Skyrmions are a few nanometers in size, very stable, and easily manipulated with spin-polarized currents that consume little power
By Brian Santo,
You just mistyped “Skyrim” into Google and ended up here, didn’t
you? Pull up a chair anyway. Skyrmions might not be as much fun as being
Dragonborn, but they’re pretty close. It starts with their classification; skyrmions
are among a set of bizarre phenomena called quasi-particles.
Quasiparticles have little in common with each other beyond
having no physical existence, yet having particle-like characteristics. The
list also includes bogoliubons, dropletons, phasons, rotons and wrinklons.
A skyrmion is a
point-like region of reversed magnetization in a uniform magnet. Image source: Alan
Skyrmions do not exist outside of magnetic fields. A single
skyrmion is a point-like region of reversed magnetization, surrounded by a
whirling twist of spins, according
to Christopher H. Marrows, a physicist at the UK’s University of Leeds School
of Physics and Astronomy, writing in the journal Physics.
The phenomenon was posited in 1962 but not observed until 2009.
Impressively, skyrmions could end up being the basis for the
next step in computer memory. Chip manufacturers worry that progress in
semiconductor memory technology development could conceivably hit a wall in the
not-too-distant future as they approach what appear to be strict limits in
physics with silicon-based DRAM and flash memory. Anything that might be a
viable replacement is being aggressively investigated, and skyrmion memories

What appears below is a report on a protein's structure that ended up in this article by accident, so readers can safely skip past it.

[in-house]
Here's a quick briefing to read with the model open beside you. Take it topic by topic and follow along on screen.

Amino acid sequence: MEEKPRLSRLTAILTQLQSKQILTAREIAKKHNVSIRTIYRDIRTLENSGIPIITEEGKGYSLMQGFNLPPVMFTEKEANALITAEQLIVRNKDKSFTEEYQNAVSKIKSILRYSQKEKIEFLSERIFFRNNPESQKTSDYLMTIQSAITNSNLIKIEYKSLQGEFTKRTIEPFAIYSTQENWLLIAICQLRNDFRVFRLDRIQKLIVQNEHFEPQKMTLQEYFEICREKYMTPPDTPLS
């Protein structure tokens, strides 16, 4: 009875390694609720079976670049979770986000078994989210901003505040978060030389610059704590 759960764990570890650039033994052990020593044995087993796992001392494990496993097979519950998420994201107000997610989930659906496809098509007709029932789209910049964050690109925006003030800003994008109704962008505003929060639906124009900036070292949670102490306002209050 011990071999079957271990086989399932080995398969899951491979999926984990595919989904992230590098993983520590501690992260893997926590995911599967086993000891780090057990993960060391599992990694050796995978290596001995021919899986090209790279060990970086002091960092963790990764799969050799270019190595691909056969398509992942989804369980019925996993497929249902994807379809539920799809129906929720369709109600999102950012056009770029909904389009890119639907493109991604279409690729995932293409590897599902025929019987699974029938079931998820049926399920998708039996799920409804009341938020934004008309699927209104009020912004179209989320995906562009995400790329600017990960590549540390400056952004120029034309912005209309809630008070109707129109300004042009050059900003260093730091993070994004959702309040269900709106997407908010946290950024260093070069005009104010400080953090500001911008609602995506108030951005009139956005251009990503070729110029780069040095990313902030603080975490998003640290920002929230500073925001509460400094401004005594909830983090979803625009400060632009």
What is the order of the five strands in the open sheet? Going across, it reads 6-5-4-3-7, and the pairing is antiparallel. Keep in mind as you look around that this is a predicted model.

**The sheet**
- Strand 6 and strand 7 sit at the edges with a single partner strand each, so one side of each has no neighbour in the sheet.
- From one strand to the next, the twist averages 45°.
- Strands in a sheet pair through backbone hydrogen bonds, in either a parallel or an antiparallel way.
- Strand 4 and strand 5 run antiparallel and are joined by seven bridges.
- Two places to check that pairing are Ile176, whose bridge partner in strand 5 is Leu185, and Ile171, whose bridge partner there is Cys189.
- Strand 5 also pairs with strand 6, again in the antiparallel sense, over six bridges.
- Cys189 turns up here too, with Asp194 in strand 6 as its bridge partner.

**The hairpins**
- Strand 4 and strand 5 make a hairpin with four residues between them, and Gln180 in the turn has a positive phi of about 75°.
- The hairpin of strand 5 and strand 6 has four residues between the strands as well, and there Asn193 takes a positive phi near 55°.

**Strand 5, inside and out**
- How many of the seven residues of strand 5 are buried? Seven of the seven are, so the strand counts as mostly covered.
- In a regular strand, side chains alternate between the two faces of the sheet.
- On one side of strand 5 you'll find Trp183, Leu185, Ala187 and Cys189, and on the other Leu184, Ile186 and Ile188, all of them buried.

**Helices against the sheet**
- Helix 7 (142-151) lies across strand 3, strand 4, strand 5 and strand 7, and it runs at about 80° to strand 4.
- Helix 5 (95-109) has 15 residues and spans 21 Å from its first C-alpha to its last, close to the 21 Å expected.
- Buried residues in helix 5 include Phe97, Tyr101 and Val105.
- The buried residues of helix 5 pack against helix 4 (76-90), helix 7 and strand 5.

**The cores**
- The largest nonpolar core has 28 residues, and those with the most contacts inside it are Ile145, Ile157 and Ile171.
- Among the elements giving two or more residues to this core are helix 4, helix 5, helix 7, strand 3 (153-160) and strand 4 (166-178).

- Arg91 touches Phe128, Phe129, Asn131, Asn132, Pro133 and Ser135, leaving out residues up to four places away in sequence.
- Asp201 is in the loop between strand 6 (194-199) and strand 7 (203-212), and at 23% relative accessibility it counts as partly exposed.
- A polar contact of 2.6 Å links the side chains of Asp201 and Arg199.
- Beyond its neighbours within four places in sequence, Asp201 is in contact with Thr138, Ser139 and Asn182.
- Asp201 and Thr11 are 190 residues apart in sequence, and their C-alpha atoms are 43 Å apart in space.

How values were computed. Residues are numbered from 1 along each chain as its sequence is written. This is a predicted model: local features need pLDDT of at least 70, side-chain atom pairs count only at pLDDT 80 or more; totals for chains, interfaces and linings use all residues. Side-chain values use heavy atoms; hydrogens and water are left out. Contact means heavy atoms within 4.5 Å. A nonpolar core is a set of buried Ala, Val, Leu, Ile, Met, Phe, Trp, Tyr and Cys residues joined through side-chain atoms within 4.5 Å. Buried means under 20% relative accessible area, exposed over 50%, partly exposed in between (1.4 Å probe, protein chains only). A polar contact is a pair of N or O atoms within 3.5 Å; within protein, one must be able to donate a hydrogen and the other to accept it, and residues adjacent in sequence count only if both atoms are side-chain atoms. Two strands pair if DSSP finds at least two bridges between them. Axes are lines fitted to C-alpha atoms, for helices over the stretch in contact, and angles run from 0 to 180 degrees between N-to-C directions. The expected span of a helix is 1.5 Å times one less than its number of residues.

might be a viable replacement.
Skyrmions are only a few nanometers in size, very stable,
and easily manipulated with spin-polarized currents that consume little power,
which makes them potentially suitable for computer memory for nanoelectronics systems,
Skyrmions are not evident in many materials, however. A
group of researchers from China has done some of the pioneering work in this
area, including discovering a material that is skyrmion-rich at room
temperature: CoFeB/MgO (cobalt-iron-boron/magnesium oxide).
They have also devised a skyrmion-based racetrack memory
(RM). RM memories are experimental, but intriguing because they combine a set
of performance traits that suggest they could succeed today’s DRAM and flash
memory. IBM has reported
success building RMs using silicon and a CMOS process (standard for silicon
The Chinese researchers describe the additional work
necessary to make their skyrmion-based memory practical but believe it might
end up a better option than silicon-based RMs. “Skyrmion-based RM (Sky-RM) is
promising to achieve lower energy cost, higher device packing density, and more
robust data stability,” they said
in their paper.
The Chinese researchers are also exploring other potential
applications, one of which they say might not be possible without a
skyrmion-based device. In January, they described a skyrmion-based artificial
synapse device for neuromorphic systems. They caution that they have
managed only a rudimentary simulation, but they have devised a variation of an
RM in which skyrmions could be induced to behave in a manner that mimics the
way synapses work.